Tracking atherosclerosis regression: a clinical tool in preventive cardiology.

Atherosclerosis. 2005 May;180(1):1-10.  

Taylor A, Shaw LJ, Fayad Z, O’Leary D, Brown BG, Nissen S, Rader D, Raggi P.
Walter Reed Army Medical Center, Atlanta, GA, USA.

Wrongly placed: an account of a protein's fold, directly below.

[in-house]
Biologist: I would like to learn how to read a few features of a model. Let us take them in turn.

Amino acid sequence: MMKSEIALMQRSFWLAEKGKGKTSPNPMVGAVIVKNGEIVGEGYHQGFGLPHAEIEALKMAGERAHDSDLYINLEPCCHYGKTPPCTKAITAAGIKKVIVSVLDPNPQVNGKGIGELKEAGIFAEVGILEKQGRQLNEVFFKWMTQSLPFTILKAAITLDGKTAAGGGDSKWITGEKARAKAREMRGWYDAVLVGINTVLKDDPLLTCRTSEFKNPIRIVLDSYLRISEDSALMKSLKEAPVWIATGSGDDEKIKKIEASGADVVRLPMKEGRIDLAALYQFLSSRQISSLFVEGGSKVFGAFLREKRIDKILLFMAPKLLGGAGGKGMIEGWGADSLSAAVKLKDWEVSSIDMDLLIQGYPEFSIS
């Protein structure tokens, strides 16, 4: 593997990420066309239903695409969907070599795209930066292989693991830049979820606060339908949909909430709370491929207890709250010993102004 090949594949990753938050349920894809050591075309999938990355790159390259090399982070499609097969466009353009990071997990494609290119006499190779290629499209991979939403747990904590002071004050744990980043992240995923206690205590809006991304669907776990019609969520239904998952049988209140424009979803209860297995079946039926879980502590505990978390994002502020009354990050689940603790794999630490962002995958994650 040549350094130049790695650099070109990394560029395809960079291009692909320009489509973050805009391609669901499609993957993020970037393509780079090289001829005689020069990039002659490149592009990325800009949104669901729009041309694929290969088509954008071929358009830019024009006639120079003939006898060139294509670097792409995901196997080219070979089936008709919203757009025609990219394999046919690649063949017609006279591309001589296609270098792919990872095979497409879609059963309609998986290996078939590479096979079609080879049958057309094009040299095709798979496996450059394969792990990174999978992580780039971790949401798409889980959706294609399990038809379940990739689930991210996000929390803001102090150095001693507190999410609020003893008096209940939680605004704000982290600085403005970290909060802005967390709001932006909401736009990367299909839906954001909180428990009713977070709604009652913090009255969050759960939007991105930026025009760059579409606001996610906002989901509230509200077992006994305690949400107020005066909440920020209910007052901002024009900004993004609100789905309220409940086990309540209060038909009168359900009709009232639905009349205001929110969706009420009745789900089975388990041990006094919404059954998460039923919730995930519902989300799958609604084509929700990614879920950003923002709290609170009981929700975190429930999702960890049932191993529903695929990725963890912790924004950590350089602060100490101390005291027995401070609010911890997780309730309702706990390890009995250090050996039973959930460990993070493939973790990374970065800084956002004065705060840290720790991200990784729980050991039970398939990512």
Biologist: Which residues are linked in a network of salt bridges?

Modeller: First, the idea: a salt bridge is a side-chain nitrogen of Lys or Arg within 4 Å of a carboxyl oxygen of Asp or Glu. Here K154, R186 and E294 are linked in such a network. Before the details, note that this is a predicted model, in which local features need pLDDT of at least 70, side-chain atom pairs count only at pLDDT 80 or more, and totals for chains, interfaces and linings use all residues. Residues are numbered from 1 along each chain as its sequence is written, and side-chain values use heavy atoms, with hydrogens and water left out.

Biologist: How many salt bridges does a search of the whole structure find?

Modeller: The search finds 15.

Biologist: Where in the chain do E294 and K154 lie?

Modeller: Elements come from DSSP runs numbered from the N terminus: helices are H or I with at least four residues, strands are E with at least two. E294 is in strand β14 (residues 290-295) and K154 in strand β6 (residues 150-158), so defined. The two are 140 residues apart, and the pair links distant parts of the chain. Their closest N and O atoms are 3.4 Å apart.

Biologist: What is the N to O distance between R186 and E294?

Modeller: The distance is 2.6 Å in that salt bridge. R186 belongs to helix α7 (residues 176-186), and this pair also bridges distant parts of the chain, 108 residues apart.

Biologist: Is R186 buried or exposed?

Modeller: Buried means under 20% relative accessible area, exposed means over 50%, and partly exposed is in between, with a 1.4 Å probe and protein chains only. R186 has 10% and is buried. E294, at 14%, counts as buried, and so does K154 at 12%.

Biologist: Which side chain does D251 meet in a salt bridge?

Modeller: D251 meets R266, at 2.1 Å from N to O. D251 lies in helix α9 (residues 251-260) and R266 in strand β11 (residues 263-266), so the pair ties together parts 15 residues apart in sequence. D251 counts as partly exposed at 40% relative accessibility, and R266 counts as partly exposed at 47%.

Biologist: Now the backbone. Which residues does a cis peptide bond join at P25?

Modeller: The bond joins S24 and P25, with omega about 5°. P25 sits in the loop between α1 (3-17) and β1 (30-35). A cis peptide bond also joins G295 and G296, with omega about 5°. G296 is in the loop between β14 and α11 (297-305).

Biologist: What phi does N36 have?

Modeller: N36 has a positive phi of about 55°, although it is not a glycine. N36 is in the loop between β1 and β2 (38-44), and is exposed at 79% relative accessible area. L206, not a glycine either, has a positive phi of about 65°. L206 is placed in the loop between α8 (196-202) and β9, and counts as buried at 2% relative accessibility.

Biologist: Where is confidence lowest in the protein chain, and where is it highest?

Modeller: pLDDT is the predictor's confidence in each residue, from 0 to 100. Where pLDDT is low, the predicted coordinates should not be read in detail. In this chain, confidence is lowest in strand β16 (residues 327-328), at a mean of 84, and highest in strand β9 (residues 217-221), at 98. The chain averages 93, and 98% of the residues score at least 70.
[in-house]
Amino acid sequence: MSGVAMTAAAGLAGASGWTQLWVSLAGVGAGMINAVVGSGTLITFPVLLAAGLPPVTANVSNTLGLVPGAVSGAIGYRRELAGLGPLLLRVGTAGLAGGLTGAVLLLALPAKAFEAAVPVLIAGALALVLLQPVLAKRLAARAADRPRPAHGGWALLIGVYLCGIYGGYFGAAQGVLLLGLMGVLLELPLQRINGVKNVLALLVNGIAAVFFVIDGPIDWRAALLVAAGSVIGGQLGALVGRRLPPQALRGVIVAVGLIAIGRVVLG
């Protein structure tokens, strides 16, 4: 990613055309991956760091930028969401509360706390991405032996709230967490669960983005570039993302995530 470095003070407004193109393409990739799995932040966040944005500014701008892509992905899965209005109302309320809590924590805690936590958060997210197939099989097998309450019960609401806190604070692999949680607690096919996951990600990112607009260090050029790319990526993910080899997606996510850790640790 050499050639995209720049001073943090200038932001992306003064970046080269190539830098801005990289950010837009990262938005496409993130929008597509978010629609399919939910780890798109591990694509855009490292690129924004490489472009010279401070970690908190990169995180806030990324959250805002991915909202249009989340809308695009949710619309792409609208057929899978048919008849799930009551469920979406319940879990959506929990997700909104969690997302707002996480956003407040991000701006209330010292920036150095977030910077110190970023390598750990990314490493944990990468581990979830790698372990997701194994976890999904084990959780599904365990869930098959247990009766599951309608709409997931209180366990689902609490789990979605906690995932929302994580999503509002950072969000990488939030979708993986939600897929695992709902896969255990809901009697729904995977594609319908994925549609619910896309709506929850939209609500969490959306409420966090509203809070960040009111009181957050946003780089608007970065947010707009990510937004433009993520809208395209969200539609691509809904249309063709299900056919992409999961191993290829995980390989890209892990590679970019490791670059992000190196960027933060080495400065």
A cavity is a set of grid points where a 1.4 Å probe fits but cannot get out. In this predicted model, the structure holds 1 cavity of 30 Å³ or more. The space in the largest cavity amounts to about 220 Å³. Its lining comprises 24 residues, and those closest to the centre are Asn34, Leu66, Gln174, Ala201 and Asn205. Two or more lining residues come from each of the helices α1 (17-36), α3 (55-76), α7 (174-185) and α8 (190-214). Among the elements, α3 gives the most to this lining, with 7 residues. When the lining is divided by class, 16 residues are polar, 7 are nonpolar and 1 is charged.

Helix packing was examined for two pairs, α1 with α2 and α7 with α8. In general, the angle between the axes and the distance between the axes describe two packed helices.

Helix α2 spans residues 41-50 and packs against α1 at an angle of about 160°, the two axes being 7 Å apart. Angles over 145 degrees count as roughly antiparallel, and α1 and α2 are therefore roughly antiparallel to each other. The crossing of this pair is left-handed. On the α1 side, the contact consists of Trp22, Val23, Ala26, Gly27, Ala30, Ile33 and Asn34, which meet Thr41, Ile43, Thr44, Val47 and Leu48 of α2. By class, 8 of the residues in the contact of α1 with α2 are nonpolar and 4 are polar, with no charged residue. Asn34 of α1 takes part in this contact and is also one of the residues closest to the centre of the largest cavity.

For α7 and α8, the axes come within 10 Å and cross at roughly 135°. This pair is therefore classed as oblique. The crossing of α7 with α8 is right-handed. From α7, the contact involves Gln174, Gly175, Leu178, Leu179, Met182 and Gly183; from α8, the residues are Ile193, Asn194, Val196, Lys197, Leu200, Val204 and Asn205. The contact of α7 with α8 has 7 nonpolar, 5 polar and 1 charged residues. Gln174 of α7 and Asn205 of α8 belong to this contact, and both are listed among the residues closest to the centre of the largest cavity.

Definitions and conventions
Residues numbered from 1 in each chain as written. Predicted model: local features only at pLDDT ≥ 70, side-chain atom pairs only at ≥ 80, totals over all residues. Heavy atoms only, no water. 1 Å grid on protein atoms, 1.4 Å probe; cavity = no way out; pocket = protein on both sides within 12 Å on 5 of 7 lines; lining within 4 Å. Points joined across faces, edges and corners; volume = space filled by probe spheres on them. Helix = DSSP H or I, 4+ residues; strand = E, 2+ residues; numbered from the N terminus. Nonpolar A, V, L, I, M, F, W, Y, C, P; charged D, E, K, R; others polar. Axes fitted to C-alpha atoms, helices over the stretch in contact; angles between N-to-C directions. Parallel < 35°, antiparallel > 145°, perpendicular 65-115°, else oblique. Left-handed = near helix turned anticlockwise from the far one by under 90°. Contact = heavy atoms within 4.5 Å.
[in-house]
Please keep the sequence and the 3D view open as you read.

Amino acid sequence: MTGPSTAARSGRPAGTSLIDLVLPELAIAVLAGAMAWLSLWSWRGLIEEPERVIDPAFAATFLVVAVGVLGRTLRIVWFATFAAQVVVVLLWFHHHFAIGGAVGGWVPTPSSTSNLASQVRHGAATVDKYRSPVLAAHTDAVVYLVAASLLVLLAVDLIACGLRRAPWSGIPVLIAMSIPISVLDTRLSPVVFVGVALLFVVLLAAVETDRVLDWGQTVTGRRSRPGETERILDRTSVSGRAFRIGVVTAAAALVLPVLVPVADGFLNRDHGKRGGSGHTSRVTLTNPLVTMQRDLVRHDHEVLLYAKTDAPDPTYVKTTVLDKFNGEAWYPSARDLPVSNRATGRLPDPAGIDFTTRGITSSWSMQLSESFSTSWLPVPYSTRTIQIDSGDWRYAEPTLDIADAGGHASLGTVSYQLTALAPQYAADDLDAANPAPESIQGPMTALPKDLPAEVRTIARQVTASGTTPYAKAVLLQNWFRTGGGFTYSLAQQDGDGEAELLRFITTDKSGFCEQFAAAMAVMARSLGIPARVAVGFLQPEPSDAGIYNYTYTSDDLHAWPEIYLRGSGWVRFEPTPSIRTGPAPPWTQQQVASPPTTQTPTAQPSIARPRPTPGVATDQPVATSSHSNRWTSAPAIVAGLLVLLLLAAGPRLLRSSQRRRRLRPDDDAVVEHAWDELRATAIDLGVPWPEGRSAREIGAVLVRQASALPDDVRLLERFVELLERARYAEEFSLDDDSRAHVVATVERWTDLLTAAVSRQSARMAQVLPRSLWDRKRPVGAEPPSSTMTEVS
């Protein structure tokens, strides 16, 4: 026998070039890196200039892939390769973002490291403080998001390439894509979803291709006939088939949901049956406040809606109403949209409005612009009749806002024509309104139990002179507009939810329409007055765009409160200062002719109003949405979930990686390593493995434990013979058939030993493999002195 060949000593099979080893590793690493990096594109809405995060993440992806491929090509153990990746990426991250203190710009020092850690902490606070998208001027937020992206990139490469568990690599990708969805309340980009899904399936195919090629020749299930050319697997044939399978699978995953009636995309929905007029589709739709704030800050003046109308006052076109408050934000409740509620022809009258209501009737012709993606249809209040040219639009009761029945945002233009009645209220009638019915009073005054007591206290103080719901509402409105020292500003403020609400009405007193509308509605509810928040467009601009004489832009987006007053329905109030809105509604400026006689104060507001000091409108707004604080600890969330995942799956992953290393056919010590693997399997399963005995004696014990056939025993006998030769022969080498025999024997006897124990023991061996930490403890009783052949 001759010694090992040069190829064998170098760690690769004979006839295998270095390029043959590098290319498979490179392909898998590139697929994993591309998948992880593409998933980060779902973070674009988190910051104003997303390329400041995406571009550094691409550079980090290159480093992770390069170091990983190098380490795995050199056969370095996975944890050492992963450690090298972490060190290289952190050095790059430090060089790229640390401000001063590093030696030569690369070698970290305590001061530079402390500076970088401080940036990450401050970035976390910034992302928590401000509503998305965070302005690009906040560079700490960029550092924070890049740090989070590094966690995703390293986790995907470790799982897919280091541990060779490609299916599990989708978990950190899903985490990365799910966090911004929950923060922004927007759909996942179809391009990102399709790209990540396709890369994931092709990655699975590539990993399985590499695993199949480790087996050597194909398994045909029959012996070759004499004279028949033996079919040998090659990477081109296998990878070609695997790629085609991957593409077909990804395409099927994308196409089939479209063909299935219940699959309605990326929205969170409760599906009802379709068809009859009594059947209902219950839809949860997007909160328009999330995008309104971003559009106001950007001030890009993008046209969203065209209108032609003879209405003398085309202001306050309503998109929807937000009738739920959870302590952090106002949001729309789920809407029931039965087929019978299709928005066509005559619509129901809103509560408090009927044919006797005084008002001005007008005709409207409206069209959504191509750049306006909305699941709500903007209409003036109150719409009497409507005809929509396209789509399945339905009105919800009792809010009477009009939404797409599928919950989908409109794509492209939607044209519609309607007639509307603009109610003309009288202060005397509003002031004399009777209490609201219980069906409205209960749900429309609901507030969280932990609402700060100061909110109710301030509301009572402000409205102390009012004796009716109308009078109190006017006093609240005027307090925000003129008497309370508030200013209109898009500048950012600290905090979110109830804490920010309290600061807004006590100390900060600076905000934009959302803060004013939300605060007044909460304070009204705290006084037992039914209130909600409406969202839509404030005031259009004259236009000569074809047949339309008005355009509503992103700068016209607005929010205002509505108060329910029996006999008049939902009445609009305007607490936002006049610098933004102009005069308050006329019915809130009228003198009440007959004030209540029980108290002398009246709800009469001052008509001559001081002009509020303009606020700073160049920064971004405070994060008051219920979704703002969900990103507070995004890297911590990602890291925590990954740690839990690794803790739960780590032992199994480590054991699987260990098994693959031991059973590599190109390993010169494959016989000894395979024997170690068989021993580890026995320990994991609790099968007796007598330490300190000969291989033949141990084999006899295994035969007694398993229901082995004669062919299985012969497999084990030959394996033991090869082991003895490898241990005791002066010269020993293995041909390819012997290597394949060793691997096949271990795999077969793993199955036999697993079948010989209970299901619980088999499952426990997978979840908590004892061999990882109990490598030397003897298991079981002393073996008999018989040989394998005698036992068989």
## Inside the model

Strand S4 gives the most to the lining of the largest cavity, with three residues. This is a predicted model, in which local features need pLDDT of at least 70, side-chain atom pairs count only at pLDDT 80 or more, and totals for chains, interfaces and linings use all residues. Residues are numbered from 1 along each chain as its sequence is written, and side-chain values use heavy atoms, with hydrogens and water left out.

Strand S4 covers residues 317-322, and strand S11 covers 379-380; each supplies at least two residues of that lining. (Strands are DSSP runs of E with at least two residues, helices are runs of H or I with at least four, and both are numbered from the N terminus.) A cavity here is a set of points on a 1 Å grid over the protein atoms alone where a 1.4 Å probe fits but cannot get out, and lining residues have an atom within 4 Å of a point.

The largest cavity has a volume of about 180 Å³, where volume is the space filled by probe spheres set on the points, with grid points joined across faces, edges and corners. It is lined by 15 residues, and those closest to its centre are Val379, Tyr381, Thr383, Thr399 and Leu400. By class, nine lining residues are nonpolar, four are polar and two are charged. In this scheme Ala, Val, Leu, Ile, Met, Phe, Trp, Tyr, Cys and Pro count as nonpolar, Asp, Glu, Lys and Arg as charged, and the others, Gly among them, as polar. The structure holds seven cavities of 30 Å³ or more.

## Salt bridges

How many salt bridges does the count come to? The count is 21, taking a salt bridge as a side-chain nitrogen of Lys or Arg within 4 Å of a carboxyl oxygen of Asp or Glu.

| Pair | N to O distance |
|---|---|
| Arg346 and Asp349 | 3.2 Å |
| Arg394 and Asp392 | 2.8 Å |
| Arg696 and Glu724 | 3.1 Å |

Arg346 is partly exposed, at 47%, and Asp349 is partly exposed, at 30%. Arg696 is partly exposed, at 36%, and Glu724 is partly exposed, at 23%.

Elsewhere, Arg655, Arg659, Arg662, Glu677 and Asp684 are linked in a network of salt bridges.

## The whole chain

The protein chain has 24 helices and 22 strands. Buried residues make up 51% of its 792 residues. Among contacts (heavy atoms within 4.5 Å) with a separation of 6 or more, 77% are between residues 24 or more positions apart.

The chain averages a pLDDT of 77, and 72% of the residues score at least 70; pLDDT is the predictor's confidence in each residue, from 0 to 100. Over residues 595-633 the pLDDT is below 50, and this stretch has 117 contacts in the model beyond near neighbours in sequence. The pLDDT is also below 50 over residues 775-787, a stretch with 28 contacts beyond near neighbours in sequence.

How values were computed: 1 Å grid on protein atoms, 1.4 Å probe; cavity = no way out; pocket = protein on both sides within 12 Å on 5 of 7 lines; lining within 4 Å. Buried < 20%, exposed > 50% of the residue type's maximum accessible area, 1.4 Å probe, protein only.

Progression of coronary artery disease was initially evaluated using quantitative coronary angiography with ensuing evidence indicating a strong relationship to adverse cardiovascular outcomes. Since then, several other atherosclerosis imaging techniques have emerged as new tools in cardiovascular medicine to evaluate the effectiveness of preventive therapies through serial monitoring of changes in atherosclerosis burden. Conducting large randomized trials to test new approaches for the medical management of atherosclerosis, with the goal of showing a reduction in event rates, may often be impractical in an era of cost containment and reduced societal resources. Recent evidence has unfolded that investigates alternative ways of assessing therapeutic results such as the attainment of surrogate goals with substantial outcome relevance. Atherosclerosis imaging modalities such as coronary computed tomography, carotid ultrasound, cardiovascular magnetic resonance imaging, and intravascular ultrasound each possess specific imaging abilities and inter-test characteristics that enable their serial use as intermediate endpoints in clinical trials and, increasingly, in individual patient management. The current review focuses on the application of these modalities as emerging tools in cardiovascular prevention.